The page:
Is Choice Properties Real Estate Investment Trust (TSE:CHP.UN) A Healthy REIT?

Choice Properties Real Estate Investment Trust is a CA$7.9b mid-cap, real estate investment trust (REIT) based in Toronto, Canada. REIT shares give you ownership of the company than owns and manages various income-producing property, whether it be commercial, industrial or residential. The structure of CHP.UN is unique and it has to adhere to different requirements compared to other non-REIT stocks. Below, I’ll look at a few important metrics to keep in mind as part of your research on CHP.UN.

Check out our latest analysis for Choice Properties Real Estate Investment Trust

A common financial term REIT investors should know is Funds from Operations, or FFO for short, which is a REIT’s main source of income from its portfolio of property, such as rent. FFO is a cleaner and more representative figure of how much CHP.UN actually makes from its day-to-day operations, compared to net income, which can be affected by one-off activities or non-cash items such as depreciation. For CHP.UN, its FFO of CA$504m makes up 81% of its gross profit, which means the majority of its earnings are high-quality and recurring.

TSX:CHP.UN Historical Debt November 7th 18
TSX:CHP.UN Historical Debt November 7th 18

Robust financial health can be measured using a common metric in the REIT investing world, FFO-to-debt. The calculation roughly estimates how long it will take for CHP.UN to repay debt on its balance sheet, which gives us insight into how much risk is associated with having that level of debt on its books. With a ratio of 5.9%, the credit rating agency Standard & Poor would consider this as aggressive risk. This would take CHP.UN 16.97 years to pay off using just operating income, which is a long time, and risk increases with time. But realistically, companies have many levers to pull in order to pay back their debt, beyond operating income alone.

Next, interest coverage ratio shows how many times CHP.UN’s earnings can cover its annual interest payments. Usually the ratio is calculated using EBIT, but for REITs, it’s better to use FFO divided by net interest. This is similar to the above concept, but looks at the nearer-term obligations. With an interest coverage ratio of 1.28x, CHP.UN is not generating an appropriate amount of cash from its borrowings. Typically, a ratio of greater than 3x is seen as safe.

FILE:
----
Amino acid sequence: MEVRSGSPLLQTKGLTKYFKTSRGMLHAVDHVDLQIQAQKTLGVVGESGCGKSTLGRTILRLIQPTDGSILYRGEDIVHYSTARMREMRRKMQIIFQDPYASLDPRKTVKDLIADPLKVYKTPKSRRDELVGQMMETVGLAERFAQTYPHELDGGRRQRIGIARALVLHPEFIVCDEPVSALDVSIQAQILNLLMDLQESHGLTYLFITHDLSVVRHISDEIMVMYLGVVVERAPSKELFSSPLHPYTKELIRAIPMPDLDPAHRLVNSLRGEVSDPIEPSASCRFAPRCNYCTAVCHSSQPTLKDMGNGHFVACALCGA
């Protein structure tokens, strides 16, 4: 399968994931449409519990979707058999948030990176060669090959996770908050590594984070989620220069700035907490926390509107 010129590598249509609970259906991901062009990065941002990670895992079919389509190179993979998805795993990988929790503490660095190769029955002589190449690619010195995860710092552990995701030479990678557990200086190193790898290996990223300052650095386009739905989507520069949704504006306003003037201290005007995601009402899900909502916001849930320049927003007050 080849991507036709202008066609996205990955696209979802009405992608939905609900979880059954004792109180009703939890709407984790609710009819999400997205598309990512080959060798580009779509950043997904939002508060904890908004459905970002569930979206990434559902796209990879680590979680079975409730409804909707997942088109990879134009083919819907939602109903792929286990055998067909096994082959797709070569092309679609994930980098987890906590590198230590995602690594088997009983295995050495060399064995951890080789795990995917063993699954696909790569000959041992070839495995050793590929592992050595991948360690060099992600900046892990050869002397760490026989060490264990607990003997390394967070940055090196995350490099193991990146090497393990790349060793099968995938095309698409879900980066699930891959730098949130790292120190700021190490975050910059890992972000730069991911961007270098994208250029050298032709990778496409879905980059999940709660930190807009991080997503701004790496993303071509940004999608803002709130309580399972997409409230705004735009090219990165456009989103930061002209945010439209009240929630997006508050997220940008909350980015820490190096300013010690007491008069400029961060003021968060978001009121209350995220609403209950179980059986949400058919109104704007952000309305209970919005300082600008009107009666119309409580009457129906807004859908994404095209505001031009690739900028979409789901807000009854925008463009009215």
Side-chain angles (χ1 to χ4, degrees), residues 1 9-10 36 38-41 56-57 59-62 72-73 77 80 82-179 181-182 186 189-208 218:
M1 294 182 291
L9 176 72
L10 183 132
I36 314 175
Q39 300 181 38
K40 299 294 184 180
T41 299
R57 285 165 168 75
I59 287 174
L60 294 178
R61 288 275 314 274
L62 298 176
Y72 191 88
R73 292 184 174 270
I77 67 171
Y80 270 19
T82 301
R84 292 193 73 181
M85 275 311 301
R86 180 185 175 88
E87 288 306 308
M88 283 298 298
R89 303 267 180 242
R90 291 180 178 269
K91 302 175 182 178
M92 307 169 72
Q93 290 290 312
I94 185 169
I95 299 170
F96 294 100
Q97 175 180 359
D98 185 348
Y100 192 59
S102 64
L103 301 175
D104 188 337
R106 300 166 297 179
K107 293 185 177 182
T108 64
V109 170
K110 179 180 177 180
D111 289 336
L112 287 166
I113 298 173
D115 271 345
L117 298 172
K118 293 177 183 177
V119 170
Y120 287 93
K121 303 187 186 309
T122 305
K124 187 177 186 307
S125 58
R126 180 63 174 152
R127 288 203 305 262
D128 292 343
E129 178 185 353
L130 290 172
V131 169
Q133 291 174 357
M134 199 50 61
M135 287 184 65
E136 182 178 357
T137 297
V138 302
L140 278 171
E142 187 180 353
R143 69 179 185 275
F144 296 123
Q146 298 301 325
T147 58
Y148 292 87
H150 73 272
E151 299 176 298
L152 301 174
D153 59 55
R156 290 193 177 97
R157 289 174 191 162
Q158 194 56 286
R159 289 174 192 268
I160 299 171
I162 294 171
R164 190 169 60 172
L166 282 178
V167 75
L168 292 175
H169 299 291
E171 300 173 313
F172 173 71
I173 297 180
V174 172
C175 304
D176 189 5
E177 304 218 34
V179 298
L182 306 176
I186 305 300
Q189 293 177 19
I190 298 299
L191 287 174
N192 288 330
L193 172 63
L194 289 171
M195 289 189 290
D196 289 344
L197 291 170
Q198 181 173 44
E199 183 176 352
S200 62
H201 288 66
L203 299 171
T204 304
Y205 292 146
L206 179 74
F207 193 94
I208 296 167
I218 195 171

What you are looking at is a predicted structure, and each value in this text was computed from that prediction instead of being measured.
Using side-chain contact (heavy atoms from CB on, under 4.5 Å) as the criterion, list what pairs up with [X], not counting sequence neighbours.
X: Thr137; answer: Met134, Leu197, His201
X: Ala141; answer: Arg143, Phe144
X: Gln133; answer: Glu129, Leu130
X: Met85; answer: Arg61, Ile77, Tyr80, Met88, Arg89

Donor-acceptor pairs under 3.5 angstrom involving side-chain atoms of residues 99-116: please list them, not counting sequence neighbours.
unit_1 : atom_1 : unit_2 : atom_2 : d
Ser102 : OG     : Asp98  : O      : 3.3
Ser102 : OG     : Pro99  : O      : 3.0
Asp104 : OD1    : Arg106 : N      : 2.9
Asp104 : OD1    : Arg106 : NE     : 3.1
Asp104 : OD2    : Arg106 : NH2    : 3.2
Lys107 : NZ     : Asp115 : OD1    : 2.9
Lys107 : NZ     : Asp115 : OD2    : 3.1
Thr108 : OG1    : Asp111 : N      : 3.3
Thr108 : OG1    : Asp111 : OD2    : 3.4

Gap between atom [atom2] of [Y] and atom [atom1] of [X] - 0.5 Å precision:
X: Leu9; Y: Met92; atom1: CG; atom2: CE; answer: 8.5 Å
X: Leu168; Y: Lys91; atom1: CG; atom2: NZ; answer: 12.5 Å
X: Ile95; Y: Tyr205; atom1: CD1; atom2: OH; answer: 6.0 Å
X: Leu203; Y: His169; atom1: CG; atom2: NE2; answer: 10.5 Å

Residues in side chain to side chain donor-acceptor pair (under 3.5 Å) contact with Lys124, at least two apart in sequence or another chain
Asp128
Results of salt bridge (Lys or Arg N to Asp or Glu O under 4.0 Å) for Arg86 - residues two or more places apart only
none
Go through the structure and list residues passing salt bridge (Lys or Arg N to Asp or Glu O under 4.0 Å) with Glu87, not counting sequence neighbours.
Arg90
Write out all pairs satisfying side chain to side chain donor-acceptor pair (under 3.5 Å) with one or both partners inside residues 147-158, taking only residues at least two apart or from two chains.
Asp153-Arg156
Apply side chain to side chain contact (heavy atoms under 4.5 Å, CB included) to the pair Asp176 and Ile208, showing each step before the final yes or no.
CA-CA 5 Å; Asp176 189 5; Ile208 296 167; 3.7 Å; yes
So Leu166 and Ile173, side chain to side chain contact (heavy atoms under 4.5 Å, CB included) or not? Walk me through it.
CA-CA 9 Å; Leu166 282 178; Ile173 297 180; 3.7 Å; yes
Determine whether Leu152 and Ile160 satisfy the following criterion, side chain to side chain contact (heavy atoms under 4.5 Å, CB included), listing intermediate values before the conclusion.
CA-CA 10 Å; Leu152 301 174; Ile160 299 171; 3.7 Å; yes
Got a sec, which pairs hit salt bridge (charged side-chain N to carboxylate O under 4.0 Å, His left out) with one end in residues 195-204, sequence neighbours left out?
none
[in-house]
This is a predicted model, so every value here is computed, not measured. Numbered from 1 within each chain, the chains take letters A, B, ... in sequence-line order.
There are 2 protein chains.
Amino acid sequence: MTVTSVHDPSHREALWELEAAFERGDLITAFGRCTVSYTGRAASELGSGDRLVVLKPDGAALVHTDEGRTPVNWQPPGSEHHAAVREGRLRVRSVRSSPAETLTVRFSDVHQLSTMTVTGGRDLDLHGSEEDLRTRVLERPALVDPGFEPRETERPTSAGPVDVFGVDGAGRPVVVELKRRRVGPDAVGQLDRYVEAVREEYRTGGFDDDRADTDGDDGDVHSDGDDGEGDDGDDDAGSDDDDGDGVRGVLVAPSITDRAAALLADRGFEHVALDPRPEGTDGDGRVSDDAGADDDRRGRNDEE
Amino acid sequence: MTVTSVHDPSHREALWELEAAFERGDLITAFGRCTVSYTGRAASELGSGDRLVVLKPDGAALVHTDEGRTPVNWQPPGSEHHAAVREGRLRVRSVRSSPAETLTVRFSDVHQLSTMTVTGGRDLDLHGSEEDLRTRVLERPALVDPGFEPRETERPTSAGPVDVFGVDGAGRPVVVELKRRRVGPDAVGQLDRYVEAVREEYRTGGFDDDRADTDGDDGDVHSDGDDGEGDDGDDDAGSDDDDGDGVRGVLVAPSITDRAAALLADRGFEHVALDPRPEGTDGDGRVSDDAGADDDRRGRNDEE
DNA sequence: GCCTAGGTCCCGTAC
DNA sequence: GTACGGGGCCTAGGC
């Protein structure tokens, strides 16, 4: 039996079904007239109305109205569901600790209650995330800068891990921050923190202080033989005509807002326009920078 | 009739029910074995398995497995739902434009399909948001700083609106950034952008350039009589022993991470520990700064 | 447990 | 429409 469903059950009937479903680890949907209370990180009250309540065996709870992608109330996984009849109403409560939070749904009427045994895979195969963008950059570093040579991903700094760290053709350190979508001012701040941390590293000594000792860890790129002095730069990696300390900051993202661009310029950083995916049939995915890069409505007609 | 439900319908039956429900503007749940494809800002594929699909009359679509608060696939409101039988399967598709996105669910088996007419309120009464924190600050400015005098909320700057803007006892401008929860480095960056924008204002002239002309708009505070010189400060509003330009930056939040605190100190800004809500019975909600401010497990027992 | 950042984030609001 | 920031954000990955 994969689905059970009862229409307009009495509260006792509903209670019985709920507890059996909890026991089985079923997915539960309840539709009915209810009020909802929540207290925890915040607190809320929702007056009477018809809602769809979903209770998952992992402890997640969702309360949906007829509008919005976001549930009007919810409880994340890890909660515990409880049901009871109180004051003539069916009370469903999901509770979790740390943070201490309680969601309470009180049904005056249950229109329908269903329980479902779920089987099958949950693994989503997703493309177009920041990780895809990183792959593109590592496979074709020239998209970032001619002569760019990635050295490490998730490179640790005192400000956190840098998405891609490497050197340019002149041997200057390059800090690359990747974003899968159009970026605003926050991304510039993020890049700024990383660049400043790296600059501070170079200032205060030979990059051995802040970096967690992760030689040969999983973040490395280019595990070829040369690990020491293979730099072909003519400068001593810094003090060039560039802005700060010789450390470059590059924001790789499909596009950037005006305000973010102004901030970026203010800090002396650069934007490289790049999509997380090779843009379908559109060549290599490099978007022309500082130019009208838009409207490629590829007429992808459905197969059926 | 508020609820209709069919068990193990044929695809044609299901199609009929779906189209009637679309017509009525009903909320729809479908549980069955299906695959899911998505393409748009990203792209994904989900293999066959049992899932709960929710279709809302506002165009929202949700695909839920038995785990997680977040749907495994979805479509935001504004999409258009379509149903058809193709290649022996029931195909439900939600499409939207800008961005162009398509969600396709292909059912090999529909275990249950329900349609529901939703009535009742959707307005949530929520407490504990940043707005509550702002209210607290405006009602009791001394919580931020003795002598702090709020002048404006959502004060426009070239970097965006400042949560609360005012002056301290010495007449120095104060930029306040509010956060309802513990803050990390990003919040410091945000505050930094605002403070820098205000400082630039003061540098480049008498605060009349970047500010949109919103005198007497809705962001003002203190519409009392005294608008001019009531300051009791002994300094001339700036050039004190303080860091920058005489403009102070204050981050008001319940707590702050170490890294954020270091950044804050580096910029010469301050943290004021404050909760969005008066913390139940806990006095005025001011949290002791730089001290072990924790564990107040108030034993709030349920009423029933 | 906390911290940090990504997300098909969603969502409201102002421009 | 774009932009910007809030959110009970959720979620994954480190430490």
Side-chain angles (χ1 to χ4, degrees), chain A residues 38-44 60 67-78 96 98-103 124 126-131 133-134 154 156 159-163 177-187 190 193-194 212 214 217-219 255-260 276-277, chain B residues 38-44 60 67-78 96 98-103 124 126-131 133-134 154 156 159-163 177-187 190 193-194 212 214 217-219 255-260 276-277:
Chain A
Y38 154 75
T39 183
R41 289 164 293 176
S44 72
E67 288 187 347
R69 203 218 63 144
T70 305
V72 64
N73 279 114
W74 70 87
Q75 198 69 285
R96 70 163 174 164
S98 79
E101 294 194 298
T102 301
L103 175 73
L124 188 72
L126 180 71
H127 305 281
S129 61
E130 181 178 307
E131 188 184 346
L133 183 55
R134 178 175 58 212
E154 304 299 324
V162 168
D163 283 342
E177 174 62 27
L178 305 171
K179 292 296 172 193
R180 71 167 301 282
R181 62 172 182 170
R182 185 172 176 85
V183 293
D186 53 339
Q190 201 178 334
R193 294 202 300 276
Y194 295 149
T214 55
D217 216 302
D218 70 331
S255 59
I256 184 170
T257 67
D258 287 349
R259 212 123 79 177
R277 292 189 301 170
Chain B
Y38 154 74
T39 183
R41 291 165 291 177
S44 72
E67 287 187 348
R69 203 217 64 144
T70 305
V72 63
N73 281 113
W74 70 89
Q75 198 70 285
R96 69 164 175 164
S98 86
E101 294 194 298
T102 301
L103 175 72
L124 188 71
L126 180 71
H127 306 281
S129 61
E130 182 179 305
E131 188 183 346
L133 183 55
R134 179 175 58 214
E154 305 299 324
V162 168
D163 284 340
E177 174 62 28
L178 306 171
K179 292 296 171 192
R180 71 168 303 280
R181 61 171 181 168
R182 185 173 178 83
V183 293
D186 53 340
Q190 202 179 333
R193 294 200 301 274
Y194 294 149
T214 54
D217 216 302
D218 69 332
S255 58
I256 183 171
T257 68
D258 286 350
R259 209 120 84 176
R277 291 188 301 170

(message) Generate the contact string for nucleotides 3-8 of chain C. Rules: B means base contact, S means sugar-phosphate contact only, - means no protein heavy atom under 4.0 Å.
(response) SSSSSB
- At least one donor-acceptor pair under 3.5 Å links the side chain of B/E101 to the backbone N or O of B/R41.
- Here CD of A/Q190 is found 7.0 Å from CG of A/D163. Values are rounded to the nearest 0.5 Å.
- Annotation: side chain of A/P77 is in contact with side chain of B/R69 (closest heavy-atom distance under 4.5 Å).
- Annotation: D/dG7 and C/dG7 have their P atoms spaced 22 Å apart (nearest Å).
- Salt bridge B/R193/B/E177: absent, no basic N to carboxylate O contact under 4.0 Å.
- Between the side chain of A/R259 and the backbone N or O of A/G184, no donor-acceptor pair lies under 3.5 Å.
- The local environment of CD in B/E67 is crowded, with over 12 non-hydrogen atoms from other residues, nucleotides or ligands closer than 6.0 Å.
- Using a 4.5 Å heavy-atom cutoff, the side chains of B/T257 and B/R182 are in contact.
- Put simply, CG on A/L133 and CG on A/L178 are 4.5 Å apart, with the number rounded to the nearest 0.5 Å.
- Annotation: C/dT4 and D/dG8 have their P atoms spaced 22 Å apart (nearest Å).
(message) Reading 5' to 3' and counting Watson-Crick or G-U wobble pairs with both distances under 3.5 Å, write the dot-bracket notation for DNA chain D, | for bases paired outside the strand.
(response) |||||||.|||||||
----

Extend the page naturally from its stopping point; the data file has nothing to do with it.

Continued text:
I also use FFO to look at CHP.UN’s valuation relative to other REITs in Canada by using the price-to-FFO metric. This is conceptually the same as the price-to-earnings (PE) ratio, but as previously mentioned, FFO is more suitable. CHP.UN’s price-to-FFO is 15.69x, compared to the long-term industry average of 16.5x, meaning that it is fairly valued.

Next Steps:

In this article, I’ve taken a look at Funds from Operations using various metrics, but it is certainly not sufficient to derive an investment decision based on this value alone. Choice Properties Real Estate Investment Trust can bring about diversification for your portfolio, but before you decide to invest, take a look at the other aspects you must consider before investing:

  1. Valuation: What is CHP.UN worth today? Is the stock undervalued, even when its growth outlook is factored into its intrinsic value? The intrinsic value infographic in our free research report helps visualize whether CHP.UN is currently mispriced by the market.
  2. Management: Who are the people running the company? Experienced management and board are important for setting the right strategy during a volatile market. Take a look at information on CHP.UN’s executive and directors here.
  3. Other High-Performing Stocks: Are there other stocks that provide better prospects with proven track records? Explore our free list of these great stocks here.

To help readers see past the short term volatility of the financial market, we aim to bring you a long-term focused research analysis purely driven by fundamental data. Note that our analysis does not factor in the latest price-sensitive company announcements.

The author is an independent contributor and at the time of publication had no position in the stocks mentioned. For errors that warrant correction please contact the editor at editorial-team@simplywallst.com.